Festive season stress

Be mindful how others may be feeling this festive season.

Despite being celebrated as the season of joy, the festive season is often a source of additional stress for people in our community, especially those already living with  depression and anxiety.

Helpline charities worldwide report a 40% increase in calls over the festive season – so while most of us are looking optimistically to a time of celebration and reflection with family and friends, for others the time can be more distressing.

Connect Health & Community Children, Youth and Family Program Manager, Kirstie Edwards said the reality is that the festive season can be a confronting and lonely time.

“Unfortunately, the festive season for many is a time when troubles are magnified and challenges seem all-consuming,” she said.

So as we head into the end-of-year celebrations, here are some things to keep in mind about what others may be experiencing.

Family hardship

Australian charities record Christmas as the time of greatest need for their support. With 15% of households consistently unable to pay their bills and debts, an additional 5 per cent of households are unable to afford normal electricity bills and meals.  These families’ biggest concerns are not about what Santa will bring or what luxuries they will add to the table, but whether they can actually feed, clothe and house their children over the Christmas period.

Charities like The Salvos, St Vincent de Paul and The Smith Family accept donations of time, money and goods to help ease this pressure for these families at Christmas time. If you can assist, your contribution will be greatly appreciated.

Depression, anxiety and loneliness

Despite being a time of getting together with friends and family for many, Christmas is often a time of great loneliness, with increased symptoms of depression and anxiety experienced by many. Family stresses, relationship difficulties, loss, social isolation and even the pressure to over-spend at Christmas can be impacting those around us. While most of us are reflecting on joys, others may be struggling with pressure and grief. They may be dreading family functions, under pressure to meet work deadlines or overwhelmed in their social isolation at a time when there is increased socialising around them.

During this period, crisis support organisations like Lifeline experience a 40 per cent increase in calls.  

Ms Edwards encourages us to be mindful of the unseen pressure facing others at this time.

“We can never fully know what other people are going through, but we can be mindful that others’ experience of Christmas may not be as pleasant as we would hope it to be,” she said.

“For those experiencing stress, the most important thing for them to know is that it is not unusual to feel stressed at this time of year. They are most certainly not alone,” she said.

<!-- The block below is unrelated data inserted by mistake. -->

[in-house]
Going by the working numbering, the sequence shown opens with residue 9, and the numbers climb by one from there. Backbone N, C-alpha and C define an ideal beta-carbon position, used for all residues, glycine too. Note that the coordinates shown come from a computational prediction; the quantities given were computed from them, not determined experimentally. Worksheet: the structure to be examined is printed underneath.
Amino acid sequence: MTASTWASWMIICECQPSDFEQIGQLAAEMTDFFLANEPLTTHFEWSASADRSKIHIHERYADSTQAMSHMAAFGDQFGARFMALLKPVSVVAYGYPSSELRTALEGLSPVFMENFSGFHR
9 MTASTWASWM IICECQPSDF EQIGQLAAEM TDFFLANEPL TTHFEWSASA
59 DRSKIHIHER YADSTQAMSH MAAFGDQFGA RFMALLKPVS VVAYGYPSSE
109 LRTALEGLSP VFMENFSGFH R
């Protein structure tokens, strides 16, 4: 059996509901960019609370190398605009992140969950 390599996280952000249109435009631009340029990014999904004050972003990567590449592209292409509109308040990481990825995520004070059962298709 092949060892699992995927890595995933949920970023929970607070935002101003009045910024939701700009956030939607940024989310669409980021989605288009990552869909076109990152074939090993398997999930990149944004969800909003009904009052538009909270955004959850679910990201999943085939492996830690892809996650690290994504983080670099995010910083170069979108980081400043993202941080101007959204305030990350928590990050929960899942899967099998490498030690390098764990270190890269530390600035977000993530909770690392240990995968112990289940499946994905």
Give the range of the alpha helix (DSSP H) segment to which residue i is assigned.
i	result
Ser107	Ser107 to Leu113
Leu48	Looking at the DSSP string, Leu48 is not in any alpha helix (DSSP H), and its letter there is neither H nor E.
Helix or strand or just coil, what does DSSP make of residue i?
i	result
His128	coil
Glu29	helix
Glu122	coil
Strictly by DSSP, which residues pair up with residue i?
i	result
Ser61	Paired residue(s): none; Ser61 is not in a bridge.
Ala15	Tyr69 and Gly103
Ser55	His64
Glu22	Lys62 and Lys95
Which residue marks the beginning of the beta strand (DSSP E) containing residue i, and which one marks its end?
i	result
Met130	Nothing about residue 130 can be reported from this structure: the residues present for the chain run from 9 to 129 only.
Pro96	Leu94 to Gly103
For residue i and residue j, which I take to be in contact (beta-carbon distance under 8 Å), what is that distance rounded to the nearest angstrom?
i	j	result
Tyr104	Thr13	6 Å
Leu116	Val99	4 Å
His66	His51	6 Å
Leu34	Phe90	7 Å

Ms Edwards said being kind to ourselves and others, as we approach the festive season, can make a big difference for all.

“No matter what you are facing this festive season, it is important to not put too much pressure on yourself. Your health and happiness is the most important gift you can give yourself and others. And if you are able to help someone who you know is feeling pressure, that is precious too,” she said.

Ms Edwards said people already feeling anxious about the festive season, can contact Connect Health & Community for information about help available.  Call 03) 9575 5333.

Tips for taking the stress out of Christmas

Many people experience mood swings and depression during the festive season. If you feel depressed at the prospect of Christmas, you are not alone.

  • Understand that it is common for people to feel stressed at this time of year.
  • Try not to expect too much – aiming for the ‘perfect’ Christmas or assuming that everyone one will be on their best behaviour may not be realistic.
  • Limit alcohol - there can be a temptation to drink too much at Christmas, but alcohol can fuel arguments and unwanted behaviours.
  • If you are feeling down tell someone (e.g. a trusted friend or family member), talk to your GP, a Connect Health & Community Mental Health Team Member, or call Lifeline on 13 11 14.
  • Look after yourself physically. If you look after your body (don’t over eat and try to stay active), your mind will feel better too.
  • Where possible, plan ahead to deal with stressful situations.
  • Know your limits and listen to your emotions. If you need to calm down, perhaps take a walk or find a quiet place.
  • If times are tough, financially or for other reasons, make time to sit down as a family and plan a Christmas that is reasonable. Don’t be embarrassed to seek support from a charity.

For 24/7 crisis or suicide prevention support, please call Lifeline on 13 11 14 or visit lifeline.org.au.

 

 

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